Ogden City's crime, such as it is, has dropped significantly since 1999. In 2010 it registered one whole murder and 110 robberies. The FAA rejected the request not because it was ridiculous, intrusive and unnecessary, but due to safety concerns over the monitoring of the drone's operations at night. And note the partnership between the police and Weber State University.

 Here's how Eastern Gateway Community College describes their program:

The Eastern Gateway Community College (EGCC) intends to provide training in the operation of UAS including the use and integration of UAS payload systems as a safe and effective tool for law enforcement, emergency responders and other government agencies.

EGCC is one of 30 Ohio community colleges and universities selected as sites for terrorism training under the Ohio Homeland Security Training Alliance. The EGCC UAS training program will be included as a course offered to emergency service professionals.

The EGCC UAS program will provide emergency service professionals access to standardized training which will include simulated UAS operations, scenario based flight training and best practices and procedures. As Emergency service administrators become more familiar with UAS applications, they will have access to relevant and practical training, reducing the need of individual COA requests.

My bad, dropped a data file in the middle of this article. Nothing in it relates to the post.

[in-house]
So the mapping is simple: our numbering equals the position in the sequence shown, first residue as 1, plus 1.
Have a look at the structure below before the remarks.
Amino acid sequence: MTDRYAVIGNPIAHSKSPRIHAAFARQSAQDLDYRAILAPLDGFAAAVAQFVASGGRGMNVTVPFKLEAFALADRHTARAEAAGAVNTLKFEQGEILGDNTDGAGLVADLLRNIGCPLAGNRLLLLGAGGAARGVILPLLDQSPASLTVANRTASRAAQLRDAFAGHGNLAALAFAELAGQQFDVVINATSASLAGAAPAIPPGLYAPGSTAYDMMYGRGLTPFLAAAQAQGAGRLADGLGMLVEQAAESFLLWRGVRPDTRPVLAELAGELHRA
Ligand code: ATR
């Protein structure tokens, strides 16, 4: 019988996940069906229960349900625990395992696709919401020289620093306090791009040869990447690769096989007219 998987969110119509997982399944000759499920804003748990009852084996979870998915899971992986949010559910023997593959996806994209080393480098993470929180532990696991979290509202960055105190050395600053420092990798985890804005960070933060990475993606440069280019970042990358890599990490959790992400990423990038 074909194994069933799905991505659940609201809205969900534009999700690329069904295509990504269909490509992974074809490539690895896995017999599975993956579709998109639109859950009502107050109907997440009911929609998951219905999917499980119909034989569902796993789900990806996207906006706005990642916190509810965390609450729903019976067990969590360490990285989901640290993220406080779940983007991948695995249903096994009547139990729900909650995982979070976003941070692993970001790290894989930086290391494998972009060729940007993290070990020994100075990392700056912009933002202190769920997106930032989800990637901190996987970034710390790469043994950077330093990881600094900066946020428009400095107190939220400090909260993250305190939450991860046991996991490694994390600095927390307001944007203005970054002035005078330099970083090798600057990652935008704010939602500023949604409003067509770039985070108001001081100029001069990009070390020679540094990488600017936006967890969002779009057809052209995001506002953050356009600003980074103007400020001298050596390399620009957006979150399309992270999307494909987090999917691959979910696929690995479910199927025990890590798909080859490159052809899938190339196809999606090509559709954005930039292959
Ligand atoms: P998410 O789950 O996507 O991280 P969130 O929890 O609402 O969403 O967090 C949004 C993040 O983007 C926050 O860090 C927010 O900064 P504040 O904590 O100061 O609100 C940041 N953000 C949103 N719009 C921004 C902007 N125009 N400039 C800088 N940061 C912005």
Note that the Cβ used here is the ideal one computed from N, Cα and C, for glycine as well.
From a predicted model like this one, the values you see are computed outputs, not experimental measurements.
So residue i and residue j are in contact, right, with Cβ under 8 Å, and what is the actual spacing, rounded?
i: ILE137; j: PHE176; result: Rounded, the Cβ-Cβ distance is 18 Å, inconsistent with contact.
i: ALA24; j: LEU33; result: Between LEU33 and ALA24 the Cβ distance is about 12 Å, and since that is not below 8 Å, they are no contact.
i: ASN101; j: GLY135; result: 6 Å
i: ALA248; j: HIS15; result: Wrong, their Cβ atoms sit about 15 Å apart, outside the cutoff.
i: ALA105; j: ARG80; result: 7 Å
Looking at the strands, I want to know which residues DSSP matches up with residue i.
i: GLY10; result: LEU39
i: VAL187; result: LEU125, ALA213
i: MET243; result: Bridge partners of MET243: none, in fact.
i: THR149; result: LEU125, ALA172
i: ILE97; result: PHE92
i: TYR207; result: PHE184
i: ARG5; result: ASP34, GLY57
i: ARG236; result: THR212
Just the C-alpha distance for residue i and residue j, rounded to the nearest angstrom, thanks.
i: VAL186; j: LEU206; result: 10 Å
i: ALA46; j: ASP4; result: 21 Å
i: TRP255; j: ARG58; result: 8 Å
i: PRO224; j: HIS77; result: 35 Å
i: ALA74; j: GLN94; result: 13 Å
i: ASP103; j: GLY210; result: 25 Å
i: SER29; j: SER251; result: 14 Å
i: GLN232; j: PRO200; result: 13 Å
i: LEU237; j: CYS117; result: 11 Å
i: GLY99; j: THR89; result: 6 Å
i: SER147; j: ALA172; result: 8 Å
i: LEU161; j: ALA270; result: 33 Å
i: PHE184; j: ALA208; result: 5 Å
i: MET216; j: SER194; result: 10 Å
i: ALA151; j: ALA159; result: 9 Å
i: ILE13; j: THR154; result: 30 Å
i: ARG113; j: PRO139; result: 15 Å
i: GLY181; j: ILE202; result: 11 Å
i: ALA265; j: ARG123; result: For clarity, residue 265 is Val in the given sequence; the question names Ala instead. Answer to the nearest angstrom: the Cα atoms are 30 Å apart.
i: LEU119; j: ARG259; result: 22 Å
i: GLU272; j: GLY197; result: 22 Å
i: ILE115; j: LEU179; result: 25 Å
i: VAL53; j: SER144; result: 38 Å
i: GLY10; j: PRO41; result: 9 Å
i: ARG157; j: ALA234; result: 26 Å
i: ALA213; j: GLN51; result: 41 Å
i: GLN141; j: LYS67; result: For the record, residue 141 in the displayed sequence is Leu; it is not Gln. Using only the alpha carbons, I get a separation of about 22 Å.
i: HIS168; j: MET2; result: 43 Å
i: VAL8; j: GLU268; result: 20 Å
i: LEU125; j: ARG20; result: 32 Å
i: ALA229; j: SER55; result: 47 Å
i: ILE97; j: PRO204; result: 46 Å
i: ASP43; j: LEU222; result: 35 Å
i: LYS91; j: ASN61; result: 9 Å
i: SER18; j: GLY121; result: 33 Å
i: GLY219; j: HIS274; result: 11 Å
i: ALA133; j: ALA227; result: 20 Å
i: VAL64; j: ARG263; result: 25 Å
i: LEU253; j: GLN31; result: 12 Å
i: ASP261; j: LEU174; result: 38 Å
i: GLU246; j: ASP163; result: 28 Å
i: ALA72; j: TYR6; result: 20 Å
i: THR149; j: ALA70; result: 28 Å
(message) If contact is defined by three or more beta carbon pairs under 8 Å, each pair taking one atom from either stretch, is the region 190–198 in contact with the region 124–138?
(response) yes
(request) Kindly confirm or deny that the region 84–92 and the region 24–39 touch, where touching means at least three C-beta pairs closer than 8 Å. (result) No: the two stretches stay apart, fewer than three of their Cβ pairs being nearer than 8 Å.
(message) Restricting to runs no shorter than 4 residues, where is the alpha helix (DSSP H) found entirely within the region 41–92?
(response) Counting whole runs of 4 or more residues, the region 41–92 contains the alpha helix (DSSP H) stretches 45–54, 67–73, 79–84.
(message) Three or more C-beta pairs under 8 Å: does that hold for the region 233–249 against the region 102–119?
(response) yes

This reads a lot like the green energy training programs that popped up at community colleges following President Barack Obama and the Department of Energy's renewable power subsidy efforts. Will we see new (and probably subsidized) community college "Learn to become a drone pilot" programs?

More from Reason on drones.

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  1. EGCC is one of 30 Ohio community colleges and universities selected as sites for terrorism training under the Ohio Homeland Security Training Alliance.

    Wait -- they're training terrorists?

    1. Well, you gotta make sure you've got a steady stream of terrorists in order to justify the billions spent fighting them, right? It's all very Keynesian. Digging holes and filling them up.

      1. Gotta have some false flag ops ready to go to justify your next round of liberty reduction.

  2. Sure are a lot of drones. Heard about underwater drones last week. What's next, land drones?

    [Scene: A New York apartment. Someone knocks on the door.]
    Woman: [not opening the door] Yes?
    Voice: (mumbling) Mrs. Arlsburgerhhh?
    Woman: Who?
    Voice: (mumbling) Mrs. Johannesburrrr?
    Woman: Who is it?
    Voice: [pause] Flowers.
    Woman: Flowers for whom?
    Voice: [long pause] Plumber, ma'am.
    Woman: I don't need a plumber. You're that clever drone, aren't you?
    Voice: [pause] Candygram.
    Woman: Candygram, my foot. You get out of here before I call the police. You're the Landdrone, and you know it.
    Voice: Wait. I-I'm only a Roomba, ma'am.
    Woman: A Roomba? Well. . .okay. [opens door]
    [Huge drone lunges through open door, chomps down on woman's head, and drags her out of the apartment, all while the Jaws attack music is playing.]

    1. Back when SNL was funny.

      1. They had some Python influence back then, which helped.

        1. What, you don't like the beat the joke until it is dead, Dead, DEAD approach they have now?